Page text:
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Euroland : recovery is under way

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The economy in the euro area has turned around. While GDP stagnated during the second half of 2001, there are more and more signs that output will increase considerably in the first half of this year. All in all, the slowdown has not been very pronounced. One indication for this is that in 2001, the year of the downturn, unemployment remained more or less constant. The factors which led to the cyclical slowdown have turned around and now stimulate economic activity: Monetary policy has become expansionary, oil prices have dropped substantially, and there is a recovery in the rest of the world. Key interest rates in the euro area have remained unchanged since early November 2001. Real short-term interest rates are well below their historical average. Therefore, economic activity is stimulated by monetary policy. Until spring 2003, the ECB will raise key interest rates to the neutral level which should prevail when the output gap is closed and when inflation is at its target; this neutral rate lies between 4 and 4.5 percent. Money growth has exceeded the reference value of 4.5 percent for M3 considerably for several months. This increase implies that the velocity of money shows an unusually large deviation from its trend. According to the judgment of the ECB, the demand for M3 has become unstable only in the short run due to special factors. If this judgment is correct, money growth will slow down markedly in the coming months. As a consequence, velocity will return to its trend without an increase in inflation. This implies, however, that the expected slowdown of money growth should not be used as an indication that monetary policy is tight and needs to be loosened because the deceleration of M3 growth is nothing but a normalization. Fiscal consolidation has been insufficient in several countries. Governments in Germany, France, Italy and Portugal should begin to pursue a strict consolidation course. Empirical evidence shows that countries that undertook credible consolidation strategies based on expenditure cuts did not experience cyclical downturns. If the governments of these countries were to dampen the increase in government spending, there would be room for a reduction of the tax burden and of budget deficits. This would improve the growth perspectives for the medium term. In 2001, wages in the euro area increased somewhat faster than in the previous years largely reflecting the improvement of the labor market situation due to the strong upswing. Also, employees tried to limit the reduction of real wages, which was the consequence of the higher than expected rate of inflation. In our forecast, wage increases will average about 3 percent both this year and next. This implies that there is room for an increase in employment although it is smaller than at the end of the 1990s. Nevertheless, the development of wages does not imply a risk for price level stability. The leading indicators suggest that the European economy has reached its trough in the first quarter of 2002 and that the upswing is imminent. From spring on, real GDP will increase at a faster pace than potential output. On average, it will increase by 1.7 percent in 2002. In the course of the coming year, the increase in production will gradually slow down. The upswing in the world economy will probably pass its peak in the first half of next year implying a less dynamic external demand for European products. Domestic demand will also lose some momentum. This is due to the fact that monetary policy will return to a neutral course and that the effects of the preceding easing will gradually fade. We expect real GDP to increase by 3 percent in 2003.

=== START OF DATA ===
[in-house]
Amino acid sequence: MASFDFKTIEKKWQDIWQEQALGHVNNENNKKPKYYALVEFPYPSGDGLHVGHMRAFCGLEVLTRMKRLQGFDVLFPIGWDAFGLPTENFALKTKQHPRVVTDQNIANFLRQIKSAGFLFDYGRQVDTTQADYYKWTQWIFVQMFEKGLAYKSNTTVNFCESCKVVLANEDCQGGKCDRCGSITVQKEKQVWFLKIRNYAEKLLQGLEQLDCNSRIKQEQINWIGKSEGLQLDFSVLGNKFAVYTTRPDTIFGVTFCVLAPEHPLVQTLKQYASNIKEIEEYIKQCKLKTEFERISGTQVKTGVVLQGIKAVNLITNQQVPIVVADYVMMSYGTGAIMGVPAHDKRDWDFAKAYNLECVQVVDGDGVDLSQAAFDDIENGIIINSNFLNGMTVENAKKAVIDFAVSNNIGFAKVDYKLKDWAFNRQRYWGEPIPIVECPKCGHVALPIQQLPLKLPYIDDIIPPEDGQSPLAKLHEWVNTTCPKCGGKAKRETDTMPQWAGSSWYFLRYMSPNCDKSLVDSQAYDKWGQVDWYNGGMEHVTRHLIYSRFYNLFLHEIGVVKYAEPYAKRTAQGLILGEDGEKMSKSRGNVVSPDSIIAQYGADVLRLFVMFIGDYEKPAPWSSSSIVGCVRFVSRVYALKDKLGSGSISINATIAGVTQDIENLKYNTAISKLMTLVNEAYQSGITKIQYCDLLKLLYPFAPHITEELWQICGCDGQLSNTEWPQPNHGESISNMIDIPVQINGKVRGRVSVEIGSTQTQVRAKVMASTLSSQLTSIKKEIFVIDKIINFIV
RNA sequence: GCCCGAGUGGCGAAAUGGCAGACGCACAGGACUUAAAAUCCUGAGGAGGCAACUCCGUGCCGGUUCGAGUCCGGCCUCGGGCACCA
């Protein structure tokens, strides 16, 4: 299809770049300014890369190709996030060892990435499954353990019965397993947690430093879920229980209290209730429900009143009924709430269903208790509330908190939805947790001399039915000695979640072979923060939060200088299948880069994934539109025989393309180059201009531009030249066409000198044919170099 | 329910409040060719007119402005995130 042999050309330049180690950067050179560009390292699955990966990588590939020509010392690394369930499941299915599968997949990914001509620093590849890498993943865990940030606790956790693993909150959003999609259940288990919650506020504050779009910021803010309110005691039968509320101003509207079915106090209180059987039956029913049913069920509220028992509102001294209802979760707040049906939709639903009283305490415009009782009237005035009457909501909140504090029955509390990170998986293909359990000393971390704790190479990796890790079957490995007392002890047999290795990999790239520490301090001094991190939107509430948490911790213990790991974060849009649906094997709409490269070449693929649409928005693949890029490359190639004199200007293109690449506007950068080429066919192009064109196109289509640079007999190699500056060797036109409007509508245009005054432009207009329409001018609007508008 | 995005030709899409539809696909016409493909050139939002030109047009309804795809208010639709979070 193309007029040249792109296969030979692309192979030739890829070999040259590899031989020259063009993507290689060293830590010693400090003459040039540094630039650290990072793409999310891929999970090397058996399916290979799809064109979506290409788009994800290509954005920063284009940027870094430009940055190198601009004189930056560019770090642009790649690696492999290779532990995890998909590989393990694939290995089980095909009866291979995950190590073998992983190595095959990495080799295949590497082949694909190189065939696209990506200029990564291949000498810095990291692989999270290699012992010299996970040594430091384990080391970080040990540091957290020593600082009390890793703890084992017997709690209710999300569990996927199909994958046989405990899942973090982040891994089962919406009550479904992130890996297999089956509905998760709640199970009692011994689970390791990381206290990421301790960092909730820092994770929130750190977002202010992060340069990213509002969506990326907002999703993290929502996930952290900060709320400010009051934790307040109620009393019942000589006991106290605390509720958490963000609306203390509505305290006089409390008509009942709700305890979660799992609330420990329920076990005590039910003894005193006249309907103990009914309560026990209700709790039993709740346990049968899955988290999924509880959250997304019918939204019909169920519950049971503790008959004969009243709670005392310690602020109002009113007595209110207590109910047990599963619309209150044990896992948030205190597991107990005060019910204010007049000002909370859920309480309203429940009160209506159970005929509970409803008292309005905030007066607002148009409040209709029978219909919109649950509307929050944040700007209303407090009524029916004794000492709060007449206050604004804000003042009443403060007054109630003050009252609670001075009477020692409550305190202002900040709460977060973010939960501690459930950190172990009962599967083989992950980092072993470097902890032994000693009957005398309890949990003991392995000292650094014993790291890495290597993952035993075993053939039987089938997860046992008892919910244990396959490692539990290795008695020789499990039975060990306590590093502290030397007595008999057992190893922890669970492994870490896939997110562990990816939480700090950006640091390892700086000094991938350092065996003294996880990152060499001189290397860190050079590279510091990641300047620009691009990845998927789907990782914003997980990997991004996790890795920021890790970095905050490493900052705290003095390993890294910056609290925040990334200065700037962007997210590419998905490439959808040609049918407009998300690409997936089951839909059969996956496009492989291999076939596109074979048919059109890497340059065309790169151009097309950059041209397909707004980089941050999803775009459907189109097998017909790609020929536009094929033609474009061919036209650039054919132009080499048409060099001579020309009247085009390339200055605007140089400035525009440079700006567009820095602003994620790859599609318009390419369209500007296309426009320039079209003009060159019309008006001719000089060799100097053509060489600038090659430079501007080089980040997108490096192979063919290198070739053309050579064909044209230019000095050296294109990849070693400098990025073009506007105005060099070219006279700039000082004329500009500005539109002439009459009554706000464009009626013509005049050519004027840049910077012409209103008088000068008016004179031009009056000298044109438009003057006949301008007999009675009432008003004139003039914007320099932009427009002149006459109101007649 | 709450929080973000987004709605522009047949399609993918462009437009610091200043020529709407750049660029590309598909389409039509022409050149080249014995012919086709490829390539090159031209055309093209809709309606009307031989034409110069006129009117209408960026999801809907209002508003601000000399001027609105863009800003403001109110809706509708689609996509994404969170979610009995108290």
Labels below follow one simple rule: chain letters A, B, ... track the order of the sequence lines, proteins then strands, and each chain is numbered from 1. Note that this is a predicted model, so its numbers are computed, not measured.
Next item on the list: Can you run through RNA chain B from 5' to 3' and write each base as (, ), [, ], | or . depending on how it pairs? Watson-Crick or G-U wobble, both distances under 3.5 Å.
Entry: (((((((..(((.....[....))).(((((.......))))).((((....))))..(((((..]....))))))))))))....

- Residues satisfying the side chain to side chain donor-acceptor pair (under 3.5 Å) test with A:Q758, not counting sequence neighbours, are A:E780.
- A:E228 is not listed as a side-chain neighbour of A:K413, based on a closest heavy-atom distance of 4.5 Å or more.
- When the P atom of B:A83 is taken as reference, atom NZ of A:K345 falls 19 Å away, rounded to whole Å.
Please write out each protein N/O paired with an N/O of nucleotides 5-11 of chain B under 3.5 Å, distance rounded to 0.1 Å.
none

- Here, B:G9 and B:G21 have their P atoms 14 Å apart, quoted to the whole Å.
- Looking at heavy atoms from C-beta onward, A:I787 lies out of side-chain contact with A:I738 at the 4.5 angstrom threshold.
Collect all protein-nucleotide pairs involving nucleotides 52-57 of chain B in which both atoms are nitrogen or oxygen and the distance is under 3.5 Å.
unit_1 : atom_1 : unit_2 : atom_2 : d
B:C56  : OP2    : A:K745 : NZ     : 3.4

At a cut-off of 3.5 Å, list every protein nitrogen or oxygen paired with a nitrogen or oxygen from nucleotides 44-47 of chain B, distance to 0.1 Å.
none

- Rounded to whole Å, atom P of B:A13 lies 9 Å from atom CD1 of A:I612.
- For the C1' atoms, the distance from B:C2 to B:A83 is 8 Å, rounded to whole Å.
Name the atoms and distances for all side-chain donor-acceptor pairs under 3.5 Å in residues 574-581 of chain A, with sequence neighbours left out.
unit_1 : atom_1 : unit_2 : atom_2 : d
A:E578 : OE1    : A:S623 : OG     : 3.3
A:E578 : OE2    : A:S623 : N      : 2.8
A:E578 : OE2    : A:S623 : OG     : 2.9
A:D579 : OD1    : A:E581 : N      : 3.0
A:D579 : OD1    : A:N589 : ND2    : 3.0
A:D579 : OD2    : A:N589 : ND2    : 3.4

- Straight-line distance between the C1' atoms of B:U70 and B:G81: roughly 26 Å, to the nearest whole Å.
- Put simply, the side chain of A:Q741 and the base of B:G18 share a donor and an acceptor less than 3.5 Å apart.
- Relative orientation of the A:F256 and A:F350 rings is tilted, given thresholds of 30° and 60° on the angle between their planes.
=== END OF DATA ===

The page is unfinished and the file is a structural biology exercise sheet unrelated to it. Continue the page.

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Klaus-J├╝rgen Gern, Christophe Kamps, Joachim Scheide

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